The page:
The Irony of Being Called a Socialist

“When I give food to the poor, they call me a saint. When I ask why the poor have no food, they call me a communist.”

Dom Helder Camara, Brazilian archbishop

I grew up in a small town in Central Texas.  My father was the eldest son of first generation German immigrants.  His father died when my dad was thirteen.  My grandmother was disabled and unable to work outside the home, so my father went to work at the local drive-in restaurant.  He worked there from the age of thirteen until his death at age fifty-five.  He moved from car hop, to fry cook, to manager, to part owner in that time.  Like my dad, my mom became a business owner, starting and building several different businesses over her life time.  At the age of sixty-three, she is still growing her business and creating jobs.  I was born into poverty but watched my parents accumulate a fair amount of wealth.  I am a product of the American capitalist dream.

So as you can imagine, I found it quite ironic that a former friend ( I say former because he unfriended me on Facebook  after insulting me), decided to call me a socialist on my Facebook page.  I had posted a link to a Steven Colbert clip titled “Glenn Beck Attacks Social Justice” which I thought was funny.  It was this link and another post I wrote titled “Social Justice is not a Political Statement” that drew criticism from this former friend.  As I have been praying about this, I find it absurd that anyone could see the work we are doing as socialist is nature.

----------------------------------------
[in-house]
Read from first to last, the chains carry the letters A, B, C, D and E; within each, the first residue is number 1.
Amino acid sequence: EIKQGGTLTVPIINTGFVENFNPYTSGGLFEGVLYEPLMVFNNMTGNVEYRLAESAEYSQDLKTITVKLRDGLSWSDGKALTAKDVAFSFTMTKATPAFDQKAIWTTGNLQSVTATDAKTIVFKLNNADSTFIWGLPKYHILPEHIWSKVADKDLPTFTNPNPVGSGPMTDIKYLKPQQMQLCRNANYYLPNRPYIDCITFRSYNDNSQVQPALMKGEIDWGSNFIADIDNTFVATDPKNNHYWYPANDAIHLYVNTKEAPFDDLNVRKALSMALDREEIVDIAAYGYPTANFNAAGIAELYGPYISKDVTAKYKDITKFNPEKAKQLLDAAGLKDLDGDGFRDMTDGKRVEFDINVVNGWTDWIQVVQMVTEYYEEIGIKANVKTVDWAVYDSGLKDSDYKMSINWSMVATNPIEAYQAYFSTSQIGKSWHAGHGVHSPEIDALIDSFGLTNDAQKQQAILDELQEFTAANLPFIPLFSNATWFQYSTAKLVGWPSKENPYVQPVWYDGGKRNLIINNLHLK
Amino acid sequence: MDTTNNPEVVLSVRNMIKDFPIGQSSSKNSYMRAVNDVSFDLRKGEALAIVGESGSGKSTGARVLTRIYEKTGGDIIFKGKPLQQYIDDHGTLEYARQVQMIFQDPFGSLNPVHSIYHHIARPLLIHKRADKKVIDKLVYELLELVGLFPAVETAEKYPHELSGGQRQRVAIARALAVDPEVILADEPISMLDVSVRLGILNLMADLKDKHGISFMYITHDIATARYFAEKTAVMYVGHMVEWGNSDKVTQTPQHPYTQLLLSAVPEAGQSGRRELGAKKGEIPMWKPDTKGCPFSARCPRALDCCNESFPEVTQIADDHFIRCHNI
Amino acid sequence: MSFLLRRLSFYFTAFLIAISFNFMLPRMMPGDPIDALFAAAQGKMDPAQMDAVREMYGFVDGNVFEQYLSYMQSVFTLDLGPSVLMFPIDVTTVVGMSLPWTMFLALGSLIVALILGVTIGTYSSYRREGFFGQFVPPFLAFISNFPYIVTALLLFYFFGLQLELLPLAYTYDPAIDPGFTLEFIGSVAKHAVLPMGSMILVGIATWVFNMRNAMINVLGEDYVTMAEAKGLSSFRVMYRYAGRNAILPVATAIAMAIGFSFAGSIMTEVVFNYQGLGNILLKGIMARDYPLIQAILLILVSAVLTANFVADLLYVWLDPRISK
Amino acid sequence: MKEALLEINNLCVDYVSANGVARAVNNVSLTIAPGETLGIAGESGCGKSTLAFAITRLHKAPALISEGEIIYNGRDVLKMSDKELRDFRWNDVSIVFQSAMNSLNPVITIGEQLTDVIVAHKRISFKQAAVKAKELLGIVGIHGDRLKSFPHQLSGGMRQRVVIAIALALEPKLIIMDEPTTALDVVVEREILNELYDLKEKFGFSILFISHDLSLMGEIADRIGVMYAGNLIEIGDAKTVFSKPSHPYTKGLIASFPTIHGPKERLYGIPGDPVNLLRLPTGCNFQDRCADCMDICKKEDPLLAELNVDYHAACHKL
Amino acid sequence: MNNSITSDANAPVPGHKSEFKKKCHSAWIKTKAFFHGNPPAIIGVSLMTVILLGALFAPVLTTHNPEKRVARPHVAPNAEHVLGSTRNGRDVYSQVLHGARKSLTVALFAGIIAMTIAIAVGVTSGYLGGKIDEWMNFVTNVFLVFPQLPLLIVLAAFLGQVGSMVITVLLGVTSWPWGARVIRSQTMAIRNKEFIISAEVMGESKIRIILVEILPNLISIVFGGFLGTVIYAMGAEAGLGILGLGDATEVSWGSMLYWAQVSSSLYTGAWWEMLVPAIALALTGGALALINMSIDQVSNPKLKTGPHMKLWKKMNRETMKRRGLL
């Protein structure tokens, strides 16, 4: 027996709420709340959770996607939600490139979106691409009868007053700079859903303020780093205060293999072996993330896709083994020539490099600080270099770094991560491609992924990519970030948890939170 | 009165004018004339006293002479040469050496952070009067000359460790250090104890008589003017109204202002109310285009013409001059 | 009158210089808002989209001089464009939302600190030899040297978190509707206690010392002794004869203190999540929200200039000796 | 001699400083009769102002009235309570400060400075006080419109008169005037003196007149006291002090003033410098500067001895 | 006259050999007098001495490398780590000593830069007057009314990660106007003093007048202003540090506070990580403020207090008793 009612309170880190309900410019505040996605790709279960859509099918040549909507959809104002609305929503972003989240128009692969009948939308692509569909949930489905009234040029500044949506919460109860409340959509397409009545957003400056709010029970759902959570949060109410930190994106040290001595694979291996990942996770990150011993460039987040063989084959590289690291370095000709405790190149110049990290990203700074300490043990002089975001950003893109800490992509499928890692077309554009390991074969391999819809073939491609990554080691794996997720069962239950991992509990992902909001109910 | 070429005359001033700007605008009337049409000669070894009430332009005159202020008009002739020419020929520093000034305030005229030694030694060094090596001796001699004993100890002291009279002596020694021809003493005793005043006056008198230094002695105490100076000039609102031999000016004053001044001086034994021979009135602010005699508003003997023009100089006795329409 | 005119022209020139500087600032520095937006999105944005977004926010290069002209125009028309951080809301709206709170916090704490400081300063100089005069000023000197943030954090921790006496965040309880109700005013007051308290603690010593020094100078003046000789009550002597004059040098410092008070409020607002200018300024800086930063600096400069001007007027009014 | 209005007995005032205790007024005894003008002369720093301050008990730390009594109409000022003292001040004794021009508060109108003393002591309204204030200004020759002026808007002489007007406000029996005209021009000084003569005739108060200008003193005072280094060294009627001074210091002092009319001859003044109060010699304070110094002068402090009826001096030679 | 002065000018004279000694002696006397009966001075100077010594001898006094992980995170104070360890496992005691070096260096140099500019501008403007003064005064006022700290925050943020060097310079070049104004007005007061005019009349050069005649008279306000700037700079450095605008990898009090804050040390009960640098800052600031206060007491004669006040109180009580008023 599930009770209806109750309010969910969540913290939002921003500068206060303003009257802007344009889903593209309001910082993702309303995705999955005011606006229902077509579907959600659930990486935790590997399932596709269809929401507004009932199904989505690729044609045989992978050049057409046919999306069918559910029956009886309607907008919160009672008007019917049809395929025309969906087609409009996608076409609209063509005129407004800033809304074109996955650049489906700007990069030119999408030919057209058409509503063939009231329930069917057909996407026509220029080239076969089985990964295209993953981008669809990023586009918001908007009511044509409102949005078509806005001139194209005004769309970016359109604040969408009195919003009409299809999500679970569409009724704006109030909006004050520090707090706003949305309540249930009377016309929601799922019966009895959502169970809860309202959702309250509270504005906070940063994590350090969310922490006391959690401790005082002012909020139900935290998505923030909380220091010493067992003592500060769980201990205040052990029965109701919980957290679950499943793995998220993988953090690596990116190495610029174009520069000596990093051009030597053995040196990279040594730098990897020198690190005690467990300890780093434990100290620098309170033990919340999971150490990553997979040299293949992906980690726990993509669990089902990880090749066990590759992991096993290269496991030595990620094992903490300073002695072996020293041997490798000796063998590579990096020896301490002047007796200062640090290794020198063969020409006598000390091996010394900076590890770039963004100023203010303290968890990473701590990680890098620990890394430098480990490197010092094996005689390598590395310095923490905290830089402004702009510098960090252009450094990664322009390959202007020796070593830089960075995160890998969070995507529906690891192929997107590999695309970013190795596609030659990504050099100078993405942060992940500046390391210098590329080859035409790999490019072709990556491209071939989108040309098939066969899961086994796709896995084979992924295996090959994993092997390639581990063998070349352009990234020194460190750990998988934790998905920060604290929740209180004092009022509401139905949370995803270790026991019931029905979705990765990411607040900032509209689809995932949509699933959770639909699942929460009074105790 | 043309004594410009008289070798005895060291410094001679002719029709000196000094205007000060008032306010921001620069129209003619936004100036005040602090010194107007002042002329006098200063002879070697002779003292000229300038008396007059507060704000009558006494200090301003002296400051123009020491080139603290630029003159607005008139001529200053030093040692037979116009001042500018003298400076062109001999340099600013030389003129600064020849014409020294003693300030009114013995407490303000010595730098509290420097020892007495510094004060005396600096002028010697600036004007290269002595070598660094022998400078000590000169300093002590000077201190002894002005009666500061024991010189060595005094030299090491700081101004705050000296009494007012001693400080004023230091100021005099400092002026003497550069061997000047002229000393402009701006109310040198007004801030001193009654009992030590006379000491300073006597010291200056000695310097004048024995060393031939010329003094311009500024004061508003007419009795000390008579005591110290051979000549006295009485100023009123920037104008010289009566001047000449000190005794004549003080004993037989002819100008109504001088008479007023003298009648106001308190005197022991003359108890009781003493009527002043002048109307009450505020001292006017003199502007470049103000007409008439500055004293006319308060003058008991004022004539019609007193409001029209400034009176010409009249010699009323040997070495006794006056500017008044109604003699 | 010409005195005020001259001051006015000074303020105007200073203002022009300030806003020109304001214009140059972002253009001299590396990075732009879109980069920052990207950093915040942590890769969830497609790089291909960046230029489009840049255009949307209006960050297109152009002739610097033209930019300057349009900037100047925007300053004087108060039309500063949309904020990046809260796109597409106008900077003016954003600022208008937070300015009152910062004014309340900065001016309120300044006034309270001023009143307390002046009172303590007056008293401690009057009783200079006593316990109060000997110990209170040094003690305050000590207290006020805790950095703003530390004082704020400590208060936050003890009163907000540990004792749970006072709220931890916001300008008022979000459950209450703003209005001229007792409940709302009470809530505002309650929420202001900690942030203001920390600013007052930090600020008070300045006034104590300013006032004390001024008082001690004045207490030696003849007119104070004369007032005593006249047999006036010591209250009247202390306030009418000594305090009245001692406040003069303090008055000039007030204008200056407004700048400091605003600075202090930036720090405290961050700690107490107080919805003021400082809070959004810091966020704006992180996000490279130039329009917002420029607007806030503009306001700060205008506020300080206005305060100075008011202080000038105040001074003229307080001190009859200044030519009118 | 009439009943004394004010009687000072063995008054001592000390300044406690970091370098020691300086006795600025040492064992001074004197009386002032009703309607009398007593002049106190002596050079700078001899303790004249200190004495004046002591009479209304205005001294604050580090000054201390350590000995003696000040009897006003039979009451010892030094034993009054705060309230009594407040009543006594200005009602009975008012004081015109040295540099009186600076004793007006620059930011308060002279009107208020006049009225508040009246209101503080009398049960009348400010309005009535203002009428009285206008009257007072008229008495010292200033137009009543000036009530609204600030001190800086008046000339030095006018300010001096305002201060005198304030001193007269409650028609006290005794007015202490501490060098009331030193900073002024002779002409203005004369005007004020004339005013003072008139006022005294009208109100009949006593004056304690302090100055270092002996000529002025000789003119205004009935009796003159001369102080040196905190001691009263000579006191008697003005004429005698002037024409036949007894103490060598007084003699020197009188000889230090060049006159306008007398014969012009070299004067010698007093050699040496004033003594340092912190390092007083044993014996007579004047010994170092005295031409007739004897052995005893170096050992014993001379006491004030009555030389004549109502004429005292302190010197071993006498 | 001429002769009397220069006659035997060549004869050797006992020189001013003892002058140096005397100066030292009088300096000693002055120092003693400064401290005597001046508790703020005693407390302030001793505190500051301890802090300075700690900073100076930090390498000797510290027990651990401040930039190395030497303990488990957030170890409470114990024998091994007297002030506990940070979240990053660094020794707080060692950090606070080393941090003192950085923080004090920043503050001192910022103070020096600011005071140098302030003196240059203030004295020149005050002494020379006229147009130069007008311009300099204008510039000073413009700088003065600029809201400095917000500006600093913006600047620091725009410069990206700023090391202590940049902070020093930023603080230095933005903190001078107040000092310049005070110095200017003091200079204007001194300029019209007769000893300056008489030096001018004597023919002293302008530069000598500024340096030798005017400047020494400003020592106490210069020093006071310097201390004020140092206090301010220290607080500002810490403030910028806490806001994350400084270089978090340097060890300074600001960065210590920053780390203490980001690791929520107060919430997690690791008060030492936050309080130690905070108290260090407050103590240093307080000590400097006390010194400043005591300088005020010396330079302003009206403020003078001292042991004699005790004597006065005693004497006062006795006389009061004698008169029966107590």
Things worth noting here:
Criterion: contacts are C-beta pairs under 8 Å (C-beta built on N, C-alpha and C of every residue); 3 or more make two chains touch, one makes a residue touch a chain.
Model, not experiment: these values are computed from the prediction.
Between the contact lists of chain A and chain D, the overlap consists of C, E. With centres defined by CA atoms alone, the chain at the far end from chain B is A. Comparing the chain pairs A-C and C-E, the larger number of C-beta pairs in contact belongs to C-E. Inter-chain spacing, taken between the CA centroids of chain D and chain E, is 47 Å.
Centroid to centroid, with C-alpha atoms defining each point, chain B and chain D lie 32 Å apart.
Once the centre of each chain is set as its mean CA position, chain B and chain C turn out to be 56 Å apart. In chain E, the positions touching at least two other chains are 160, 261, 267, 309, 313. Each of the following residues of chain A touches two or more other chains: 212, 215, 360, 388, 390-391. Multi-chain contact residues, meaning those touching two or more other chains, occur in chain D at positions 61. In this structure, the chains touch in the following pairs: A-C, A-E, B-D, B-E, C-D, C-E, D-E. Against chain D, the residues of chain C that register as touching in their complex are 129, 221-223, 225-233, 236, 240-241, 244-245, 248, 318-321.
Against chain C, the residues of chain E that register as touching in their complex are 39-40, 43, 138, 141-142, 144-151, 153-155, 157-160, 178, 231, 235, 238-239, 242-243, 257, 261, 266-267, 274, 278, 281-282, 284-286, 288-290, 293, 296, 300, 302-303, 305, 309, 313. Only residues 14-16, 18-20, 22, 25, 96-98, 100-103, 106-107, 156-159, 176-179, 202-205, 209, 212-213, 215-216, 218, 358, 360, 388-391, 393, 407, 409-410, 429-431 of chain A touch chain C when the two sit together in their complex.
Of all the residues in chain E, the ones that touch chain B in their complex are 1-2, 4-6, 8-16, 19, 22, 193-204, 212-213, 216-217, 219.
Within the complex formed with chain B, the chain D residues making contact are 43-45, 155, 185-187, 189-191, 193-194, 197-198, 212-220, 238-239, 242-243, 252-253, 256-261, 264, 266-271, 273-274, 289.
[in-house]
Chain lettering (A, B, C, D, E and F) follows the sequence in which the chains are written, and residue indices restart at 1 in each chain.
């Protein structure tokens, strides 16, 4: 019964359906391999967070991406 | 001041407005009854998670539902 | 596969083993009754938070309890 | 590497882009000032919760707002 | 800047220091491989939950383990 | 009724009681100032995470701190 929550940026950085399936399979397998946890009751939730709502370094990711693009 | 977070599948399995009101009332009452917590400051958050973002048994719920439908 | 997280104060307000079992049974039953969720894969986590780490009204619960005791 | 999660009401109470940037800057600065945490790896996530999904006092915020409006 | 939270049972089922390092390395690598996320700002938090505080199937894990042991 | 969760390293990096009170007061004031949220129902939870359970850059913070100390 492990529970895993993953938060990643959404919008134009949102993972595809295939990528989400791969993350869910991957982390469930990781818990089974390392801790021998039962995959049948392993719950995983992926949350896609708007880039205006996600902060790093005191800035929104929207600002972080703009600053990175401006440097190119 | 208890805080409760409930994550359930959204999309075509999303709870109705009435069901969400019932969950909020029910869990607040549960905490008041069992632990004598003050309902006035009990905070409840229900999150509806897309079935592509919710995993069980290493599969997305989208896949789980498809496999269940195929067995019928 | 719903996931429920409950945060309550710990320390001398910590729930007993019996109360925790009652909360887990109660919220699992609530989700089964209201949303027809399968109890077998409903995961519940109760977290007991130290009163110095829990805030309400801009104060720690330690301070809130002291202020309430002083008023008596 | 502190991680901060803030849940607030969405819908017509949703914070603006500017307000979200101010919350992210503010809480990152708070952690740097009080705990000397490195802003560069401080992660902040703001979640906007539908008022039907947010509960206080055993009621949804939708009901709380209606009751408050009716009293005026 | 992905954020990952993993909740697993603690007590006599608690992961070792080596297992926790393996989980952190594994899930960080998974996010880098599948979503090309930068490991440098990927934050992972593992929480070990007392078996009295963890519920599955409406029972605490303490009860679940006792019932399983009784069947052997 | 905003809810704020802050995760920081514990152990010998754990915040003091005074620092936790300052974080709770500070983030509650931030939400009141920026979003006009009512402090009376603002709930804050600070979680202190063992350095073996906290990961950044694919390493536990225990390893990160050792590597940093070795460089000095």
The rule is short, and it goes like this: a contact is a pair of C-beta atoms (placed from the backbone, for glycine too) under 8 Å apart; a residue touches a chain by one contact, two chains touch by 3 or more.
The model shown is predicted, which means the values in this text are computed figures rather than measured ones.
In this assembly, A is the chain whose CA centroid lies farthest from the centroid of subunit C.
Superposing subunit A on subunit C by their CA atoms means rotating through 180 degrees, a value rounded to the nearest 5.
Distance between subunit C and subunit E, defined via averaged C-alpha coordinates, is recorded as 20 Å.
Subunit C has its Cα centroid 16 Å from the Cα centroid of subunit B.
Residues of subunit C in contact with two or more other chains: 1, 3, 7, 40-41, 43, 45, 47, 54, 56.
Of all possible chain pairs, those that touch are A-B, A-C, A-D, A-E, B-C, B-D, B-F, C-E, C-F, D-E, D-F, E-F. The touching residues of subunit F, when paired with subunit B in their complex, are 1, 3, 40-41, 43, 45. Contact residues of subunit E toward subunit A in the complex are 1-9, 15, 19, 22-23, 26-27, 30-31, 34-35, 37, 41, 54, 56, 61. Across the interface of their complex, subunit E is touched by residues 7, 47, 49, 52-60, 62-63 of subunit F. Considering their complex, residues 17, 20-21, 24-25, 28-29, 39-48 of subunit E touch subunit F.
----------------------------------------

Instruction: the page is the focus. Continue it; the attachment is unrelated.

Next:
I was at a Communities First Association Conference this week in New Orleans with more than twenty Christian Community Developers from across the country who use Asset Based Community Development (ABCD) techniques in their work.  When I shared my frustration with being called a socialist, another community developer shared that he had received a call from a friend warning him that ABCD was really a part of Obama’s hidden socialist agenda.  Which is equally as absurd as me being a socialist.  ABCD is simply an approach to doing community work that looks first at the assets in a particular community instead of the needs.  In ABCD, you focus on the gifts, callings and capacities of the individuals who live in communities. You then work to link those assets together in a way that the people are empowered to transform their community themselves.  The whole idea is to create systems that empower people instead of creating dependency on the government or outside agencies.  It is exactly the opposite of what the fear mongers are espousing!